Finding reading help for dyslexic students should be a top priority for any parent or educator. Children need an environment in which they can flourish, and the first step is identifying creative solutions to troubling problems.
Children who struggle with dyslexia or other reading disabilities have an inner curiosity just like any other student, but they need special tools to tap into their gifts. This is why there are schools that focus on reading help for dyslexic students. Every child deserves a tailored, quality education.
How Do Children With Dyslexia Learn to Read?
Multisensory Instruction is an innovative technique that immerses students in the learning process. It’s a proven method to help students who struggle with dyslexia to learn how to read.
The Orton-Gillingham Method is one of the key teaching techniques incorporated at The Roig Academy. We know each child has a unique approach to learning, and we make sure to provide opportunities for all students to learn, accommodating to those with educational challenges.
The Background of Multisensory Teaching
It all started with reading programs designed for struggling readers. These reading programs taught the explicit connection between letters and sounds. With this technique, called Orton-Gillingham, students were able to better understand the words. They were able to sound the words out, as well as understand why some letters were used differently in a different context. The multisensory instructional method is an innovation on this initial strategy. It’s all about taking the idea of words and letters and making them mean something more.
How Can You Incorporate Multisensory Instruction?
Multisensory learning relies on a child’s sensory stimulus. If the child can look at the text and picture it in their mind, they’ll be able to better read that information. It also means that children can hear what they’re being told and better visualize it in their mind.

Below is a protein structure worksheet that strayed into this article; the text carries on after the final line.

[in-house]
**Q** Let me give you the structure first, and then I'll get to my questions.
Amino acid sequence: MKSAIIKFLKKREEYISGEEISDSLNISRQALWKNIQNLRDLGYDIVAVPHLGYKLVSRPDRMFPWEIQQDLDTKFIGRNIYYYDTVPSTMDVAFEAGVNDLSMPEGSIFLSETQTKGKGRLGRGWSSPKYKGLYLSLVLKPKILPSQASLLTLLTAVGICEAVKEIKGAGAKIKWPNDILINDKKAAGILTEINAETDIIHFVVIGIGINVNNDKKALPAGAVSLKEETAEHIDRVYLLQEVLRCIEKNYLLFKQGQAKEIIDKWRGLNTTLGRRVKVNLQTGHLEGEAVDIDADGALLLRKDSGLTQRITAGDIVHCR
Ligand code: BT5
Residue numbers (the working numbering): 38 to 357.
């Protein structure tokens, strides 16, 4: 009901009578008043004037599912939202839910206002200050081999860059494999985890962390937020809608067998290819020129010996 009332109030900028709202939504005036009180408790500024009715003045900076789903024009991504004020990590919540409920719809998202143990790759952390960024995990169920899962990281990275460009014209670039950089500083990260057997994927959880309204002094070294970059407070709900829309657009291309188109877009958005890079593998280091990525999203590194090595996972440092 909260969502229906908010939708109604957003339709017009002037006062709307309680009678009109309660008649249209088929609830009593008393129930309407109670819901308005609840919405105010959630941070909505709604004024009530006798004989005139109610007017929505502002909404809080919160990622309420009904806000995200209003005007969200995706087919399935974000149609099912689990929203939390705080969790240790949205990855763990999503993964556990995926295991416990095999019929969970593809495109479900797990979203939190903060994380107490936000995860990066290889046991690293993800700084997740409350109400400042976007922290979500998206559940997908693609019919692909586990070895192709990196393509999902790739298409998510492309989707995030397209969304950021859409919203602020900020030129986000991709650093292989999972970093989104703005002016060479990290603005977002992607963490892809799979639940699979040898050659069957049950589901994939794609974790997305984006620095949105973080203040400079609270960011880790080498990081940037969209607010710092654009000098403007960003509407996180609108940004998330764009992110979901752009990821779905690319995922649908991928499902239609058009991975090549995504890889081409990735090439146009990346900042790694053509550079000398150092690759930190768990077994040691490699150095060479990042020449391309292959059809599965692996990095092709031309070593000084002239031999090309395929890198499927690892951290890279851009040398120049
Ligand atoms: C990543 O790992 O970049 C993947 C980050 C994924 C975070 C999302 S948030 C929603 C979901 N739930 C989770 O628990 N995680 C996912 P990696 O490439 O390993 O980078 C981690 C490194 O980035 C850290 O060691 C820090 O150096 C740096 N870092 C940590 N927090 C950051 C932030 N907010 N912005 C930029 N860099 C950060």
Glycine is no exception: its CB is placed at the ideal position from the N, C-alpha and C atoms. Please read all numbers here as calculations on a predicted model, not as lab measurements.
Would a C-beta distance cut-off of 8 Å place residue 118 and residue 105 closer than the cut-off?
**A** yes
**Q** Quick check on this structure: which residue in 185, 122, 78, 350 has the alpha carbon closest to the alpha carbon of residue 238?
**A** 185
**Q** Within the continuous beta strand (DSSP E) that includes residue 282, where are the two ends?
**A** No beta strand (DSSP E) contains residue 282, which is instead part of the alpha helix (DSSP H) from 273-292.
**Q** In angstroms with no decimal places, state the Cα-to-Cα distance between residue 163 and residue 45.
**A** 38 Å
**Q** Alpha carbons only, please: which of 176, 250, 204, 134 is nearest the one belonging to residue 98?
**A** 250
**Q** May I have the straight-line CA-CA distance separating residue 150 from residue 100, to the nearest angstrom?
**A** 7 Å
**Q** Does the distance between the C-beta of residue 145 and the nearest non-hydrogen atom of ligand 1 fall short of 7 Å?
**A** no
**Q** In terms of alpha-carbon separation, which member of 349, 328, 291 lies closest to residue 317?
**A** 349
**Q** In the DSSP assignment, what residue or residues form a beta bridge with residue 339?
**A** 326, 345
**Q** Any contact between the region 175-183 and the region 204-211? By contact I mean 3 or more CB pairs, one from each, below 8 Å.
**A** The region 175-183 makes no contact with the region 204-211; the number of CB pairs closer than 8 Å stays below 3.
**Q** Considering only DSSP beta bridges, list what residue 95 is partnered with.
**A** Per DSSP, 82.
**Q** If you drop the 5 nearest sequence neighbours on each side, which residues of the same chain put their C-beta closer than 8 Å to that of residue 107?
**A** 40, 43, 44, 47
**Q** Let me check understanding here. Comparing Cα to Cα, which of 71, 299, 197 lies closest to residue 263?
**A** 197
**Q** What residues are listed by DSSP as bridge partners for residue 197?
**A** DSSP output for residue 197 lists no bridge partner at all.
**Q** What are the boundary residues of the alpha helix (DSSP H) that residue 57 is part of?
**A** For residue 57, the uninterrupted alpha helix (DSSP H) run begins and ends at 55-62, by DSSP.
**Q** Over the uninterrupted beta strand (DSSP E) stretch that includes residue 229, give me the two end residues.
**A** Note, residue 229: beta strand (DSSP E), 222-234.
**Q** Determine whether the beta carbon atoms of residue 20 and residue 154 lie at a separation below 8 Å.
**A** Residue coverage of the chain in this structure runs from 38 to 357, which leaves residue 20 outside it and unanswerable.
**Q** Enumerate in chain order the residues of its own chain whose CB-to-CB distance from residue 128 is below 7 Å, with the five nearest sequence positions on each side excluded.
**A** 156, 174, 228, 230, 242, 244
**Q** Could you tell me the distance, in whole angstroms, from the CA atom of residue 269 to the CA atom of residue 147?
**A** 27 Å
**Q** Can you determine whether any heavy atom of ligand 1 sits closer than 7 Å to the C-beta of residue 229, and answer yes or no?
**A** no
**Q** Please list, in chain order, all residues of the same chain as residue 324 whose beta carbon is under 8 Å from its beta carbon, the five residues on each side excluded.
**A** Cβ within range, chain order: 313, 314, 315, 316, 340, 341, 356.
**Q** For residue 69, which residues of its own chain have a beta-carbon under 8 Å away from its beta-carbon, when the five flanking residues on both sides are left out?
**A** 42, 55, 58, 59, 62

During multisensory instruction, incorporate all of the child’s senses and have them engage with multiple materials so they can better understand the concept.
Teachers also need to ensure that the child is receiving both tactile and kinesthetic elements when learning through sensory information. This is the best way to approach multisensory instruction.
Who Can Benefit from Multisensory Instruction?
Children of all ages, though it’s particularly beneficial for students who have difficulties reading can benefit from multisensory instruction. Everyone can obtain a well-rounded educational experience if they learn to use their senses in an engaging manner.
One example of multisensory instruction is learning the basics of sentence structure and word patterns while playing with familiar objects. The process relieves the stress associated with reading and allows children to learn through touch, sight and sound.
Multisensory Instruction at Roig Academy
Our head of school, Jennifer Roig holds a Masters in Education, and a few of her certifications in educational programming include a multi-sensory sequential approach to teaching reading: Orton-Gillingham, Arrowsmith School Cognitive Program, Read Naturally, CogMed, Conscious Discipline, and Handwriting Without Tears.
We incorporate this form of education at all levels in our school with staff members that teach children through creative learning techniques.
The Roig Academy deploys multisensory instructional techniques to engage all students. Regardless of which stage the child may be in, The Roig Academy uses the multisensory teaching process to advance the learning and reading capabilities of children.
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